Theresa May's two-year Brexit timeframe is 'totally impossible'

LONDON, ENGLAND - DECEMBER 20: British Prime Minister Theresa May leaves 10, Downing Street to attend a Housing Select Committee on December 20, 2016 in London, England. Mrs May has sent a message of condolence to German Chancellor Angela Merkel following the Berlin lorry attack in which 12 people were killed. (Photo by Carl Court/Getty Images)Carl Court / GettyTheresa May leaves Downing Street, Decmber

LONDON — Theresa May’s plan to negotiate a UK-EU trade deal by 2019 is “totally impossible,” according to a former senior EU lawyer.

Jean-Claude Piris, the head of the EU Council’s legal service from 1988 to 2010, told the Financial Times that the complexity of striking a trade deal means the process “could take up to ten years,” and only less if there was “goodwill on both sides.”

May told MPs on December 20 that she expects to negotiate a formal deal with the EU by the time Britain completes its scheduled exit from the union in two years’ time.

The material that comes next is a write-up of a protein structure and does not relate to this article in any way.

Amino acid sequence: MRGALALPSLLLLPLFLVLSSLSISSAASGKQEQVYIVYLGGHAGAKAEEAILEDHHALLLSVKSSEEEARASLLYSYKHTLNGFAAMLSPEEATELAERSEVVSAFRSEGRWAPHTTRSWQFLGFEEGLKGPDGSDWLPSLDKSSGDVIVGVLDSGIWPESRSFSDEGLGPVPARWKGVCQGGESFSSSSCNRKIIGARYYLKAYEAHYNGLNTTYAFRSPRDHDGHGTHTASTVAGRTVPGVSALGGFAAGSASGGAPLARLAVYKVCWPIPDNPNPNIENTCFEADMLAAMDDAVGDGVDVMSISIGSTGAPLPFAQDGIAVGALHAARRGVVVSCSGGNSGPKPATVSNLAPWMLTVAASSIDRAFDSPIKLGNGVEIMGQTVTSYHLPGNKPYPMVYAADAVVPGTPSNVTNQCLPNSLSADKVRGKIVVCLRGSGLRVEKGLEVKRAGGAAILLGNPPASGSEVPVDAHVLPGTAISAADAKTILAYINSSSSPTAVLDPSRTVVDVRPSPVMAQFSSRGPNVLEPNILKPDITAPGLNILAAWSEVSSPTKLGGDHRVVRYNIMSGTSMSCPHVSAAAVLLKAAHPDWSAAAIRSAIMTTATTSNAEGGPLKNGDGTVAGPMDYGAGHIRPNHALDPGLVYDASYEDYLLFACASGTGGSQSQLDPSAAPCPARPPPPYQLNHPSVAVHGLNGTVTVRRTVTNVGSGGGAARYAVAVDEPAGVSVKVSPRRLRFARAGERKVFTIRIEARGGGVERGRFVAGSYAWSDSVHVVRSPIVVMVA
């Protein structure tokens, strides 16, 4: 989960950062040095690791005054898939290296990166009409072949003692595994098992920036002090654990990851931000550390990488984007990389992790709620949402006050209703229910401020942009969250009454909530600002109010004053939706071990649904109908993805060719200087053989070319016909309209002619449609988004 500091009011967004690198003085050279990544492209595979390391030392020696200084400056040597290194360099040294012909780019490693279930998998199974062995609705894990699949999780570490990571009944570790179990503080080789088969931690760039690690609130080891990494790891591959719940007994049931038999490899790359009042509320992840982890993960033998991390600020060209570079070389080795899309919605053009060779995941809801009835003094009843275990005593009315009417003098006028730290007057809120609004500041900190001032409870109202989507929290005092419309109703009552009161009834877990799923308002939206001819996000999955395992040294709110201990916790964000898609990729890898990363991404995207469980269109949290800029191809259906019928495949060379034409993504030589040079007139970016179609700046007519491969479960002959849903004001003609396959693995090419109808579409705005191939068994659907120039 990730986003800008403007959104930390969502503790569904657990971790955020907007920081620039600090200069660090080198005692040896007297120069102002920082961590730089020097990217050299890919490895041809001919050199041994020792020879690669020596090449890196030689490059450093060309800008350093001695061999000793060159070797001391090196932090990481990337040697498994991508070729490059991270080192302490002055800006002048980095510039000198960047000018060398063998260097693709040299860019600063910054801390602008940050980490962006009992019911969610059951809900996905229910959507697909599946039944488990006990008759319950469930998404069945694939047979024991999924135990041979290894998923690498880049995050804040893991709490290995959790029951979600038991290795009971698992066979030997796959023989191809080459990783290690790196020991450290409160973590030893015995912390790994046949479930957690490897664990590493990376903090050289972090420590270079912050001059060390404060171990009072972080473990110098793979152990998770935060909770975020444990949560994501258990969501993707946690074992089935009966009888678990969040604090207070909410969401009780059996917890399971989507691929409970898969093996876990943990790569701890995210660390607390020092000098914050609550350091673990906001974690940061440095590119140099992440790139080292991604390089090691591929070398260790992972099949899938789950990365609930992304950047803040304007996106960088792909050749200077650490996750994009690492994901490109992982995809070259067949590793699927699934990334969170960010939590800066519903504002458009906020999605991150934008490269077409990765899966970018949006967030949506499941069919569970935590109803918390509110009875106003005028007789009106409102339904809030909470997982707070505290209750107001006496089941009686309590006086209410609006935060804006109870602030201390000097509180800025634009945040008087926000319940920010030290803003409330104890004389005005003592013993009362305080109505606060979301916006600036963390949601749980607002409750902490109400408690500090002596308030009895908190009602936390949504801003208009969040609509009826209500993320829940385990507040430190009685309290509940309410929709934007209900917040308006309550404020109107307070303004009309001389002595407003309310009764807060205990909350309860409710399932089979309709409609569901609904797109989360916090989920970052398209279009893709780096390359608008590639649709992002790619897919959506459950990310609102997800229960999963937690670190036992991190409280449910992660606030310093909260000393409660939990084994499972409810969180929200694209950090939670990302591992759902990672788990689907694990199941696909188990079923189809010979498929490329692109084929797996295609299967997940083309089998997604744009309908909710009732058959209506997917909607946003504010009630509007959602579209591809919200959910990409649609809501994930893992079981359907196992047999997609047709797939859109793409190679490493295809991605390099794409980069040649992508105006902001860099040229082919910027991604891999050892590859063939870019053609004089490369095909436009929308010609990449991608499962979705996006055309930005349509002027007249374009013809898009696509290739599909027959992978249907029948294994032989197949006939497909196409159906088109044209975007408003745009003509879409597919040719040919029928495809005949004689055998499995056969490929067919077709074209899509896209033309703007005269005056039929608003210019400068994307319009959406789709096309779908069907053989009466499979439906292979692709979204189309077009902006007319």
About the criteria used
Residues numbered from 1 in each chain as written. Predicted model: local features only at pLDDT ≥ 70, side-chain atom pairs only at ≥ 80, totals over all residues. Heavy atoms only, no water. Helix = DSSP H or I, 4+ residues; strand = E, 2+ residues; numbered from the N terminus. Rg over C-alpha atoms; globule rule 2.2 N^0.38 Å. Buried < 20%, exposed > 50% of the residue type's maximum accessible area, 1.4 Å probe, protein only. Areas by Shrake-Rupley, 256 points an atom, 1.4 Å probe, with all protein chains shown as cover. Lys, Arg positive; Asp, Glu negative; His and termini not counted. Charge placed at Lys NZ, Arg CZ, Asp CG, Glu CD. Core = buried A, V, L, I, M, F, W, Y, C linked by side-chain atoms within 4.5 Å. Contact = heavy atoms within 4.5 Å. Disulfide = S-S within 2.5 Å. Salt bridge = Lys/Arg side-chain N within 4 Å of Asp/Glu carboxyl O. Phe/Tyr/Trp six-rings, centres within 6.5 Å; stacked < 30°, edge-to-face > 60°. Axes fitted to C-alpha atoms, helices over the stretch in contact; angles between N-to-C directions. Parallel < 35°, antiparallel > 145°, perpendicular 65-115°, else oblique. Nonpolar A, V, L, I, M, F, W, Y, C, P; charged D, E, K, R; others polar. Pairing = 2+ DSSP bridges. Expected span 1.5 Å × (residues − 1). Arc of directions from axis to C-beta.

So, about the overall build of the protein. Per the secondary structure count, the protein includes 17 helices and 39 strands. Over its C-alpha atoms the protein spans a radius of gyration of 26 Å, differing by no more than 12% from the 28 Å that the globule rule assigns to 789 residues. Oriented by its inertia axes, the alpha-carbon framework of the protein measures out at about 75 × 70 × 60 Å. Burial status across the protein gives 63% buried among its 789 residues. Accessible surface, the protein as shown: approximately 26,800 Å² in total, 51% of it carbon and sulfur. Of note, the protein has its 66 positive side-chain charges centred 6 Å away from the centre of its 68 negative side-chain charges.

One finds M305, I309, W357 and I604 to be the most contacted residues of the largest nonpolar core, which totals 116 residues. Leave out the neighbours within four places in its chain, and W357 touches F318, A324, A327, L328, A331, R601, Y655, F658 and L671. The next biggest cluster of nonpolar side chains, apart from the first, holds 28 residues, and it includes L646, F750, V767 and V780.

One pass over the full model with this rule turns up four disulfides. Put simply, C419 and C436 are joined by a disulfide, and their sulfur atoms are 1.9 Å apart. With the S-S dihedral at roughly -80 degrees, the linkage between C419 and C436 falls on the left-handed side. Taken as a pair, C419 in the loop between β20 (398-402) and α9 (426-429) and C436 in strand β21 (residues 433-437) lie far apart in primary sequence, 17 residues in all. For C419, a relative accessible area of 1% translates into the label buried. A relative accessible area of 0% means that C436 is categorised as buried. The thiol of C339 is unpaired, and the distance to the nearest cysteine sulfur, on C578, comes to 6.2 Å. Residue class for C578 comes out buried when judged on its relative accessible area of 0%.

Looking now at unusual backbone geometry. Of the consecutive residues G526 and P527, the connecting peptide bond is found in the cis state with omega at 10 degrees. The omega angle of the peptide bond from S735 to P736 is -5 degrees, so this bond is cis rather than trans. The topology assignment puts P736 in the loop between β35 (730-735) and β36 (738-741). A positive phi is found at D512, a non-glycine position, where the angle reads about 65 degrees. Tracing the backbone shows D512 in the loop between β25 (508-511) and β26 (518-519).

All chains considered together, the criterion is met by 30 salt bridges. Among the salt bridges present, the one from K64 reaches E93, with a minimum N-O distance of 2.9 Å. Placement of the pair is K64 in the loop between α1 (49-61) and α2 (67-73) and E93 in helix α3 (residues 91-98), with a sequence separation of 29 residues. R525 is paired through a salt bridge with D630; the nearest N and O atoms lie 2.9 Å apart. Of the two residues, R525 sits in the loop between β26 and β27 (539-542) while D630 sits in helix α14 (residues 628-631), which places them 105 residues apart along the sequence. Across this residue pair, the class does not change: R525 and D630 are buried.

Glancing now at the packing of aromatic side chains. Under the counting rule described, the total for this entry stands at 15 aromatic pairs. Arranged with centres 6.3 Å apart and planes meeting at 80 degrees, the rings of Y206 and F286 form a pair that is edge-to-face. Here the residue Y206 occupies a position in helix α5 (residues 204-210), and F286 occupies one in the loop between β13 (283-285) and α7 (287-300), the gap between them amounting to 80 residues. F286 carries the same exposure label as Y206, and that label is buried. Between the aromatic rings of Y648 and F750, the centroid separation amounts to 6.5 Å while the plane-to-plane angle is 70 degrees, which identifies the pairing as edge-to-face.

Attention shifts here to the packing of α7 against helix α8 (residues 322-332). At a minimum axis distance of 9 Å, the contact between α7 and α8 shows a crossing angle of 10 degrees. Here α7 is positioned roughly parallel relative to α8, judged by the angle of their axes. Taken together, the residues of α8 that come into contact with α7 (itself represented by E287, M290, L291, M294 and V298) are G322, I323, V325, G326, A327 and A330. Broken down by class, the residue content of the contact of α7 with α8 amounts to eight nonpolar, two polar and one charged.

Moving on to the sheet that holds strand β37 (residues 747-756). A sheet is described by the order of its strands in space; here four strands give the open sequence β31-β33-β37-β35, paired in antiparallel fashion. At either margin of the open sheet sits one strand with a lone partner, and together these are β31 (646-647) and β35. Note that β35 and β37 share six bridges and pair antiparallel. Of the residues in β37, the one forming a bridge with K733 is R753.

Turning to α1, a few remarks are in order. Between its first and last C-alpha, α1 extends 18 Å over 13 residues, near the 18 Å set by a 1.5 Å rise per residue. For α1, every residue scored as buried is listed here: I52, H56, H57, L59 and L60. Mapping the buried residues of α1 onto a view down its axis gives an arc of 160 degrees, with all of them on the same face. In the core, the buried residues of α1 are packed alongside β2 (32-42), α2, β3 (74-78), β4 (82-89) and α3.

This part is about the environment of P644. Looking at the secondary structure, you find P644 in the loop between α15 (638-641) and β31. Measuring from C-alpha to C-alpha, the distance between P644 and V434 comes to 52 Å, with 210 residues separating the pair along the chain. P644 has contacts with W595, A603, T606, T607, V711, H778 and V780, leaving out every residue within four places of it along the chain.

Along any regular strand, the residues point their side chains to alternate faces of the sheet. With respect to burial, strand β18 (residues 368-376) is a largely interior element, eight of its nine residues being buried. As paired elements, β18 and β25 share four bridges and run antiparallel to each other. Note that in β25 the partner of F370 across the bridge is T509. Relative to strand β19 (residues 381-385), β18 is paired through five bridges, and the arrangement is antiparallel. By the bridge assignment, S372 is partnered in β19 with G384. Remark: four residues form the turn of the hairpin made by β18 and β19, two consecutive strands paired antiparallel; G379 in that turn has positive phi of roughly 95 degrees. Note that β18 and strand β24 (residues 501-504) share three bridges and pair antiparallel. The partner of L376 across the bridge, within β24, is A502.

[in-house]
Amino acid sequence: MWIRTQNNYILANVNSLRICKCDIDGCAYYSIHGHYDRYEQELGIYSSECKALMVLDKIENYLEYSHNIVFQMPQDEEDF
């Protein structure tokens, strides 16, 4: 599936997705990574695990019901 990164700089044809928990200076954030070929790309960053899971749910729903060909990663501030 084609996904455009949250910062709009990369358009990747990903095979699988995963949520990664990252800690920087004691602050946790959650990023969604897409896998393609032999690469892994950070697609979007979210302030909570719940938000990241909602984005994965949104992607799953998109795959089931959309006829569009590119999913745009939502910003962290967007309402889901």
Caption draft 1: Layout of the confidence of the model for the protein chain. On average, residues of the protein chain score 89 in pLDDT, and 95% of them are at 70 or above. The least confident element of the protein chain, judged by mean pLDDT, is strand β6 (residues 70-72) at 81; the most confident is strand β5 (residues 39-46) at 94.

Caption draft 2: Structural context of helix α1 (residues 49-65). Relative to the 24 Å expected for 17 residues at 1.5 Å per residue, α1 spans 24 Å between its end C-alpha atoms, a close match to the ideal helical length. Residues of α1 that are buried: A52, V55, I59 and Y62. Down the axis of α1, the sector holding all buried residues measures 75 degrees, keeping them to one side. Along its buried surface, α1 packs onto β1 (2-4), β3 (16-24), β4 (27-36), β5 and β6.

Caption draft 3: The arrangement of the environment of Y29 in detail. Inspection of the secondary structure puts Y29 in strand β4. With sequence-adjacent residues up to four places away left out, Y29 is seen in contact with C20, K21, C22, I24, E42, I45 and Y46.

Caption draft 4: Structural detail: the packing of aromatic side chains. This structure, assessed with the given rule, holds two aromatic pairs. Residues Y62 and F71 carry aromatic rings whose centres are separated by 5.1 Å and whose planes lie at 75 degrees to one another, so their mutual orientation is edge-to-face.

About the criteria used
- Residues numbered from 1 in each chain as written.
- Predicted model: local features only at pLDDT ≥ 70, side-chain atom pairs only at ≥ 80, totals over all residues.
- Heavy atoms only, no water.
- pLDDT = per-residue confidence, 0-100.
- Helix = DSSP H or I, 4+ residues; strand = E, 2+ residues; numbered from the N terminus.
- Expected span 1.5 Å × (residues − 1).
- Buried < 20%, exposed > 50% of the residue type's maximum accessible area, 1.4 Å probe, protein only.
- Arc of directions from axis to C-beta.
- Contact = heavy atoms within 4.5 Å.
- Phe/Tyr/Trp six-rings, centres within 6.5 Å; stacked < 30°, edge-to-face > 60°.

Piris, who drafted several major EU treaties including Lisbon and Maastricht, said that a trade deal would involve “thousands of pages and hundreds of articles,” and called on the UK to arrange a transition deal to avoid “a catastrophe.”

May hinted earlier in December that she may favour a transitional deal, but was characteristically vague on detail. She said: “I would expect us to be able to negotiate a deal within the two-year period that is set out, but it may be the case that there are some practical aspects which require a period of implementation thereafter.”

“We will discuss whether we need an implementation phase,” she added.

“You vitally need a transition period,” Piris told the Financial Times. He warned that the UK otherwise risks falling into the “WTO gap,” whereby it operated under costly World Trade Organisation tariffs until it made other free-trade arrangements.

Piris outlined two potential models for a transitional deal. The first would involve Britain staying in the single market for a few years after Brexit, but that would involve keeping free movement obligations — something May intends to avoid.

The second option would see Britain leave the single market but remain in the customs union, similar to Turkey, which Piris described as a “much more modest” proposal, as it would allow Britain to place curbs on immigration at the same time as avoiding the “WTO gap.”

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